Few would argue that VMware is the reigning champion of virtualization. But the company has also been slowly but surely building out offerings in the cloud -- and more specifically, the hybrid cloud.
Why? Well, the first reason is because that is the direction its customers are heading. Many large organizations require both the flexibility of public cloud capabilities and the security and speed of a private cloud deployment, and VMware wants to meet that need.
The second reason VMware is engaging with the hybrid cloud is simply that it's necessary for the company to stay competitive in the market.
Here's a look at the company's journey to the hybrid cloud, its role in cloud adoption, and how that journey is changing its business model.
Vision and roadmap
With the exception of Microsoft, most hybrid cloud providers offer a proprietary public or private cloud, partnering with other providers to supply the remaining pieces. VMware is no exception: its hybrid cloud strategy is built on core vSphere-based private cloud technology, with public cloud services supplied via an ecosystem of vCloud Air partners.
Dave Bartoletti, an analyst at Forrester Research, said that VMware's approach to hybrid cloud is similar to other large technology vendors in the enterprise space, like IBM and HP.
"There's a strong focus on extending enterprise management tools and software-defined data center infrastructure to the cloud, rather than rebuilding apps on cloud-native infrastructure," Bartoletti said.
VMware itself echoes these sentiments. When asked about the company's vision for the hybrid cloud, VMware's executive vice president and general manager SDDC Raghu Raghuram said: "VMware's cloud approach is focused on expanding our leadership in private cloud, extending the software-defined data center into the public cloud and enabling the security of cloud-native and SaaS applications."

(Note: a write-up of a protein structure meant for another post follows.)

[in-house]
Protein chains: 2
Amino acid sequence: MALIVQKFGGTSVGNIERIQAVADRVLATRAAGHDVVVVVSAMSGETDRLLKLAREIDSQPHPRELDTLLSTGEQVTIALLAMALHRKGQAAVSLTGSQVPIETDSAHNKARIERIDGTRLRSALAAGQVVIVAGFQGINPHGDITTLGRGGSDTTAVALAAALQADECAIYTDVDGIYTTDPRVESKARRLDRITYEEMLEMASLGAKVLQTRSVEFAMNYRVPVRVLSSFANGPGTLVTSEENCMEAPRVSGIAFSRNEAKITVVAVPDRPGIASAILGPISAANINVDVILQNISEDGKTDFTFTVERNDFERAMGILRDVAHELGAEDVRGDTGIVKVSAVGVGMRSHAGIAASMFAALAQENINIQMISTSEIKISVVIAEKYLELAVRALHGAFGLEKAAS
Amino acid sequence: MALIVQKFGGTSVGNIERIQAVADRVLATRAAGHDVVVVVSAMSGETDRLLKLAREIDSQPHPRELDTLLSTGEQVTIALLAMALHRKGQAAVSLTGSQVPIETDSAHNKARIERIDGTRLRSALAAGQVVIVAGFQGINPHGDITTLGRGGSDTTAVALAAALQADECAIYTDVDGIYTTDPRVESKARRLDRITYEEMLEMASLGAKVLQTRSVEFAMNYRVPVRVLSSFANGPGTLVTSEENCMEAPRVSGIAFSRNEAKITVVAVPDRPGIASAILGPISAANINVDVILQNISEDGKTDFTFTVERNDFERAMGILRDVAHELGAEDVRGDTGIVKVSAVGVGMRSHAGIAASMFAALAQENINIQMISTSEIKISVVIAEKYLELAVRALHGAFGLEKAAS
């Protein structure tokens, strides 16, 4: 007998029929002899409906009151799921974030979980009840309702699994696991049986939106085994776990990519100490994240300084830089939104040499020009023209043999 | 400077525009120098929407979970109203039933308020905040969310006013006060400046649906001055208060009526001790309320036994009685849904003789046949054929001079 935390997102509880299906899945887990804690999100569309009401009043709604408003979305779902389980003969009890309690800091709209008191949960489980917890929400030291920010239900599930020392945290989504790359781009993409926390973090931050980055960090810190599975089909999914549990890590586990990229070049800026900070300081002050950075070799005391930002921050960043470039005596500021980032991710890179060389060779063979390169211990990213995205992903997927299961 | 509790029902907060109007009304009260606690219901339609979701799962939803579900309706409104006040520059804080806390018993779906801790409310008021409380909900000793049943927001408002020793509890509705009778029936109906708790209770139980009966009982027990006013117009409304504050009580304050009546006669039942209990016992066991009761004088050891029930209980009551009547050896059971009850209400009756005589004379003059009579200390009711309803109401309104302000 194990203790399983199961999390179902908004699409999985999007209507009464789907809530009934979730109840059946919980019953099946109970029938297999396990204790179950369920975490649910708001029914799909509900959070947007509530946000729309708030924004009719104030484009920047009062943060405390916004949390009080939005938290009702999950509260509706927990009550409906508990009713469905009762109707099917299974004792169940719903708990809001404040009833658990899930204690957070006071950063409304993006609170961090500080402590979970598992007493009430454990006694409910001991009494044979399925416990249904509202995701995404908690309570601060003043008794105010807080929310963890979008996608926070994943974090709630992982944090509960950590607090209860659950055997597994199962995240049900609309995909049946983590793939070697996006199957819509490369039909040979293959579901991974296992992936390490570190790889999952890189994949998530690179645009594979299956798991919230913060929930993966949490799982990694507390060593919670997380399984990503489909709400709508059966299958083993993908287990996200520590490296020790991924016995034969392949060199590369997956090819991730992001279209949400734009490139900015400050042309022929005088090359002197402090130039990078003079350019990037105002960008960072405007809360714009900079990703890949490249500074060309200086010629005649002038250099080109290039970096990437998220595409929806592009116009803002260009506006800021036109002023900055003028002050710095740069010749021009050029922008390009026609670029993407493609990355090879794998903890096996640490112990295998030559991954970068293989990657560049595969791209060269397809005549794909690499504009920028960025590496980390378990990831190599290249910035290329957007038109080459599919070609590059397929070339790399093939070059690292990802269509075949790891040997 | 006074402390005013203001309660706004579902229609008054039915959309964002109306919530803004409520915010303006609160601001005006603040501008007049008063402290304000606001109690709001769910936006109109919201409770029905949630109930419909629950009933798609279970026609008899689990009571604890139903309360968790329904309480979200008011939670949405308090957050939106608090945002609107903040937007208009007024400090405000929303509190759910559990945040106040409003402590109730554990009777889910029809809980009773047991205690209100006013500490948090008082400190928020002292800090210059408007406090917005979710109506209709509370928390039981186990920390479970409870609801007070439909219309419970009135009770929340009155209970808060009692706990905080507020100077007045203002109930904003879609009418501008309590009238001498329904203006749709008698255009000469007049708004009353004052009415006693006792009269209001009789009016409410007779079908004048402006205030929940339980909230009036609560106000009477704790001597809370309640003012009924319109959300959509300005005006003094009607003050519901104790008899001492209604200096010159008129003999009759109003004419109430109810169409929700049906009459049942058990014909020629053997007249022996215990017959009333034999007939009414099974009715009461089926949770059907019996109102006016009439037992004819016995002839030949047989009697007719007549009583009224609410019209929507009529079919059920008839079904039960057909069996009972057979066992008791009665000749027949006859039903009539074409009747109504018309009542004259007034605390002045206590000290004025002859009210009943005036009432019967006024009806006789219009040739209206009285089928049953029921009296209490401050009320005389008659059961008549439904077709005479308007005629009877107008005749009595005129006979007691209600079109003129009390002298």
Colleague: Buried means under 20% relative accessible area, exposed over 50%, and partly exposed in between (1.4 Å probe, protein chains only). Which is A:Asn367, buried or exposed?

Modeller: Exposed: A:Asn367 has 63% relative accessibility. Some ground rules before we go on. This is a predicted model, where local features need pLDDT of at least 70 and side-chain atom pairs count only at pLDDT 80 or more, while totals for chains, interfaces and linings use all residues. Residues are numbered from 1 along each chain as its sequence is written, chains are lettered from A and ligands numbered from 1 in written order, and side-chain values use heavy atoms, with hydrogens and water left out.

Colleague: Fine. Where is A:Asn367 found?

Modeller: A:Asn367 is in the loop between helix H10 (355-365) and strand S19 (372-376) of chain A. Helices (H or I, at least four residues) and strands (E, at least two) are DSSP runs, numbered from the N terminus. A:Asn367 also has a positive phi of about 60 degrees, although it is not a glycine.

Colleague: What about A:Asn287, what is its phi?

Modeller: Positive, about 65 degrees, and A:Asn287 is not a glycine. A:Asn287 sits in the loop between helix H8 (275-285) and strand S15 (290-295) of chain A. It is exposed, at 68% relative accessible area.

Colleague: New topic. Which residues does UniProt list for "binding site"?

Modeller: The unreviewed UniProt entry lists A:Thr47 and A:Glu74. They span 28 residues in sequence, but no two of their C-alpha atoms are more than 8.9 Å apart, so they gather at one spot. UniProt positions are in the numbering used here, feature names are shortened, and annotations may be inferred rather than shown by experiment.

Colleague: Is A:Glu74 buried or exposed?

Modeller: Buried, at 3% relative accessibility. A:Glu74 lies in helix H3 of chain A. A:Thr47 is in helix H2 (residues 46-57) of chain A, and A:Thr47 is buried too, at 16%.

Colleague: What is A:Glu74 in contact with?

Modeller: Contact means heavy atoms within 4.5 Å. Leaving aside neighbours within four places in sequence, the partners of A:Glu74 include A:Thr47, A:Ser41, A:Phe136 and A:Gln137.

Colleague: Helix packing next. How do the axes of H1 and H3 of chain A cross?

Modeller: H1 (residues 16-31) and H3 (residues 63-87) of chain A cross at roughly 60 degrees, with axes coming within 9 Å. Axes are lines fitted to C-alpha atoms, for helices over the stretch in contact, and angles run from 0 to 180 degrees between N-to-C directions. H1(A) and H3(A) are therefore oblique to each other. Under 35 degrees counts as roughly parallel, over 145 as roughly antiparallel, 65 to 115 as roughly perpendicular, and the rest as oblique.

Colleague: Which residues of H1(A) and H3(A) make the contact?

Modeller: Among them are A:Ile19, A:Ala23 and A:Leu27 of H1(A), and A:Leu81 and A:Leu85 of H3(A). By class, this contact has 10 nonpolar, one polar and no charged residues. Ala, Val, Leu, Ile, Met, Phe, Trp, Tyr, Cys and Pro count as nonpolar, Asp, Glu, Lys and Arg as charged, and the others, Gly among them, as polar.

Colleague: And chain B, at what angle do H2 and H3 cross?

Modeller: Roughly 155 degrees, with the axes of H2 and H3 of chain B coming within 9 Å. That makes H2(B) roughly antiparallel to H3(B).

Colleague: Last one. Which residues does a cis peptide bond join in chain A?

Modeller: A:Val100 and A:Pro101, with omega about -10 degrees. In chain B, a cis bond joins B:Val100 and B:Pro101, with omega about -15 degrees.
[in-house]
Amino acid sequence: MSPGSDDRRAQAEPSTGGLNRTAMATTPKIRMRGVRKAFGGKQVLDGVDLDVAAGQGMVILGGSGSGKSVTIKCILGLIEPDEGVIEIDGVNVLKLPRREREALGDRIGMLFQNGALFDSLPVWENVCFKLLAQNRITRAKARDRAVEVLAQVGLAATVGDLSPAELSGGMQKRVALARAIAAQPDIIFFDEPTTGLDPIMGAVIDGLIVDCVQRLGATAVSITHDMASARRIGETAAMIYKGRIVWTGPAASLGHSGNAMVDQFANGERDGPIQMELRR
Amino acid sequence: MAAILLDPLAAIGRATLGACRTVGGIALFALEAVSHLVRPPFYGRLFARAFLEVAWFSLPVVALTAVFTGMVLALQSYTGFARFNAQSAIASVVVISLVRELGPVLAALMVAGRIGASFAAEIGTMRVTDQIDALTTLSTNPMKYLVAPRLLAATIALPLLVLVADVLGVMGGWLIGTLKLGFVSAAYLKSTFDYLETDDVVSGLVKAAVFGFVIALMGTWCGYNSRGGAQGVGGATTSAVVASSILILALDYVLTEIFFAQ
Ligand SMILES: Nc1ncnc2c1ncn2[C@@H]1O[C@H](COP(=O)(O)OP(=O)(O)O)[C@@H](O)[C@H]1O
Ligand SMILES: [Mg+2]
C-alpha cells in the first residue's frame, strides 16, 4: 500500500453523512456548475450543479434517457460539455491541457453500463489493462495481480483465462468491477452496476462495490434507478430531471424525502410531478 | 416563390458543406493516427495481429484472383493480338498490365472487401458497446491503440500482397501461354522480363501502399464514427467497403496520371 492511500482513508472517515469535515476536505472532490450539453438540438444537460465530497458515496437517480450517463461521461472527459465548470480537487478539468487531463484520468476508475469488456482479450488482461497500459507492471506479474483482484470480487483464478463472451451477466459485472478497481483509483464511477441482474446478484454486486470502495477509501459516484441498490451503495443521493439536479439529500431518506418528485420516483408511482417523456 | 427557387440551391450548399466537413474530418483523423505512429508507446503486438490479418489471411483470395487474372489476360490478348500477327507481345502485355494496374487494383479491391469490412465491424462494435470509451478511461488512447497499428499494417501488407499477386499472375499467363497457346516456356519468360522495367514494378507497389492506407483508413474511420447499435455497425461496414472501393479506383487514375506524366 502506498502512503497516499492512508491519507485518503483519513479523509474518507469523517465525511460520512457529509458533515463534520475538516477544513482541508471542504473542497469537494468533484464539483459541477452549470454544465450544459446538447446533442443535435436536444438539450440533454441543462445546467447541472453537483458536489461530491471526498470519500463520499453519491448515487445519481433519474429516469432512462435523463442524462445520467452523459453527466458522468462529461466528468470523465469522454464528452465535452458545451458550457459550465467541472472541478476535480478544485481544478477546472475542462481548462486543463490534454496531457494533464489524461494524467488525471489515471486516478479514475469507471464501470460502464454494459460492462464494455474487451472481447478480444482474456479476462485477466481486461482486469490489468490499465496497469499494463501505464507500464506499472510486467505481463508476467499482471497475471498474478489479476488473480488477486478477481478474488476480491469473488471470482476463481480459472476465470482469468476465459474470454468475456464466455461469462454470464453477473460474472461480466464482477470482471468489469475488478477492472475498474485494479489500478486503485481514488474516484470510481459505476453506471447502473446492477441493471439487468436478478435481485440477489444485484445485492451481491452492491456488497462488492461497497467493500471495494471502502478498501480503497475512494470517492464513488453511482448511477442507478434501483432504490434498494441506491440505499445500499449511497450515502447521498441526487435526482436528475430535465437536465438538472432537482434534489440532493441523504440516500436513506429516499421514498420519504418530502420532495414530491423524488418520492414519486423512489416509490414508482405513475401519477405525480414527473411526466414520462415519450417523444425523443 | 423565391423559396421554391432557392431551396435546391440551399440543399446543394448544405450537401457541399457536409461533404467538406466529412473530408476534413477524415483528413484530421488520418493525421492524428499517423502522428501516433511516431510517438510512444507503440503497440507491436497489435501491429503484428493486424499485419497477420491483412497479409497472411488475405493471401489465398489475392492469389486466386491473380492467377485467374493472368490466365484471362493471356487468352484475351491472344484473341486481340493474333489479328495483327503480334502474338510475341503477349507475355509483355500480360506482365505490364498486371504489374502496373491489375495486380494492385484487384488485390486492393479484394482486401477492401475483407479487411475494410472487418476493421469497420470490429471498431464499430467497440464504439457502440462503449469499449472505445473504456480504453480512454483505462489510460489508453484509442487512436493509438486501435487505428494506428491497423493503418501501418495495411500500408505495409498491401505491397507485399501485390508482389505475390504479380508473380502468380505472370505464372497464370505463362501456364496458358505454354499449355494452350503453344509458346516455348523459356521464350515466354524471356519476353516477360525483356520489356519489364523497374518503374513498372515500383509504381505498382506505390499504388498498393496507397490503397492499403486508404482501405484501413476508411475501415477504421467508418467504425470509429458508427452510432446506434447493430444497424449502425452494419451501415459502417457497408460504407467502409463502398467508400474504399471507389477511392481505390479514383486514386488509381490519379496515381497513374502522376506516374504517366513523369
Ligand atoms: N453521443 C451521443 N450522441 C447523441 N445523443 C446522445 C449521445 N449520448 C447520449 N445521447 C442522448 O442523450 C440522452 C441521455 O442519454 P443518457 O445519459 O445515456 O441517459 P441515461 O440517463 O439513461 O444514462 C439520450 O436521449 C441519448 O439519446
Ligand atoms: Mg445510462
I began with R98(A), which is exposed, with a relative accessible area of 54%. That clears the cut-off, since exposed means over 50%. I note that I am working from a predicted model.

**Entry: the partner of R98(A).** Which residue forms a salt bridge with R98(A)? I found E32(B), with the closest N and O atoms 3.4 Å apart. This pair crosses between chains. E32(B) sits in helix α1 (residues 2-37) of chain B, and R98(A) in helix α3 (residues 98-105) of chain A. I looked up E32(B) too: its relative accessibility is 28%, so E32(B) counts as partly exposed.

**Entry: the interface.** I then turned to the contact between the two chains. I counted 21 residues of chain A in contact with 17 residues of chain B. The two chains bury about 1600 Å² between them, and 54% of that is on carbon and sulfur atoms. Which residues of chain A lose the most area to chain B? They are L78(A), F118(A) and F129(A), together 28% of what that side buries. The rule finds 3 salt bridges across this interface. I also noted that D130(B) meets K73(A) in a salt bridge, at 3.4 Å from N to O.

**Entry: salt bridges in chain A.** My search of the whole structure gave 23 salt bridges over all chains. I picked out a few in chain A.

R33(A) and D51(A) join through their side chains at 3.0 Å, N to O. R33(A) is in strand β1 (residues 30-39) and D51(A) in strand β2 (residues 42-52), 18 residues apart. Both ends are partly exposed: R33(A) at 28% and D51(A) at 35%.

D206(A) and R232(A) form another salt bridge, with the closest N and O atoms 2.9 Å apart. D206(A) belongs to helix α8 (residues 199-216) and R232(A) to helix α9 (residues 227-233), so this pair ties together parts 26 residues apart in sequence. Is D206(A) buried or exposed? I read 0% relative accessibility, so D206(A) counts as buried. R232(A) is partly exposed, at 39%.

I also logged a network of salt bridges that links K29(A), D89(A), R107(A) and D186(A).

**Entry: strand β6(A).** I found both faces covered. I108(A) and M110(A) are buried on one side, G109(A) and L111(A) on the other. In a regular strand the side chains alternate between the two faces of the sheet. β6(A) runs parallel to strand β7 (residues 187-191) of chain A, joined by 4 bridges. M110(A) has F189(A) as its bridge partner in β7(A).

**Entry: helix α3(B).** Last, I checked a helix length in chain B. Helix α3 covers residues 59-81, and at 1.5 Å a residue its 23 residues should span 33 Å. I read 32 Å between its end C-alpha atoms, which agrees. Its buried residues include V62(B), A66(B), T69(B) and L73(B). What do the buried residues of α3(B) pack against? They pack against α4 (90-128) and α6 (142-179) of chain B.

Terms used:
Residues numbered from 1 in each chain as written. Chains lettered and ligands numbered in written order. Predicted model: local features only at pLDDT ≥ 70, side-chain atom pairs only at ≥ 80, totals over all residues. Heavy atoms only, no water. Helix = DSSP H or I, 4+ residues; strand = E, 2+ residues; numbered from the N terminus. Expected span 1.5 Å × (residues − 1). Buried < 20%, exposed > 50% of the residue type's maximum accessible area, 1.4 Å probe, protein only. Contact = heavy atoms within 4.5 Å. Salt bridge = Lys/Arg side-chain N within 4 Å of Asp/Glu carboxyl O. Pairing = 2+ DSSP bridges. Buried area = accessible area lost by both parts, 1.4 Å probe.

VMware offers a wide array of tools and applications along with its cloud platforms. Existing VMware products like NSX (network virtualization), vRealize (cloud management), and AirWatch (enterprise mobility management), as well as an IBM cloud partnership, broaden its offerings across IT operations, cloud and even DevOps.
"This can be appealing to large enterprises balancing new technology and methodology with existing infrastructure and process, which is often centered on VMware." said Jay Lyman of 451 Research. "However, it can also limit the opportunity for VMware's offerings to existing VMware shops."
VMware's current and future roles
VMware's customer base is very large -- currently over 500,000 strong, according to Raghuram. And, not only is the customer base large, it's also loyal, said Forrester's Bartoletti. That loyalty means that many of those customers -- infrastructure admins, operations admins, and engineers -- will be looking to VMware to help them understand the future of virtualized apps.
If VMware can successfully convince its customers of its vision for hybrid cloud, it stands to play a major role in the overall adoption of hybrid cloud in the enterprise. This is a key moment for VMware, argues 451 Research's Lyman, because it is often targeted for replacement by the public and private cloud options, and container tools. VMware has to convince users that its offering is the best and most effective option.
However, this will require a shift in VMware's business model, as the company is known for selling software while cloud is typically delivered as a service. In order to meet customer needs, VMware's engineering and product teams are working on the challenges presented by the business model shift.
"Some of those solutions will be delivered as software, some as part of appliances, and some as cloud services -- either from us or a partner," Raghuram said.
Challenges exist on the customer side of things as well -- primarily in how customers think about consuming the services. According to Raghuram, a change in approach is required.
"First, they shift their mindset to think and act like a software company," he said. "Second, they adopt the fundamental operating characteristics of a software company. They focus on creating agile and lean processes, plan for web scale and flexibility. And they automate everything, allowing as much self-service as possible."
The rise of cloud-native app deployment presents another potential speed bump along the way. The massive installed base of virtualized apps will make existing products like vCloud Air a low-risk option for some enterprises, Bartoletti said, but VMware will need to provide more options to cloud-native development teams in order to stay competitive against other hybrid cloud providers. VMware has begun making some strategic cloud-native investments, and those could pay off dividends if they are leveraged properly.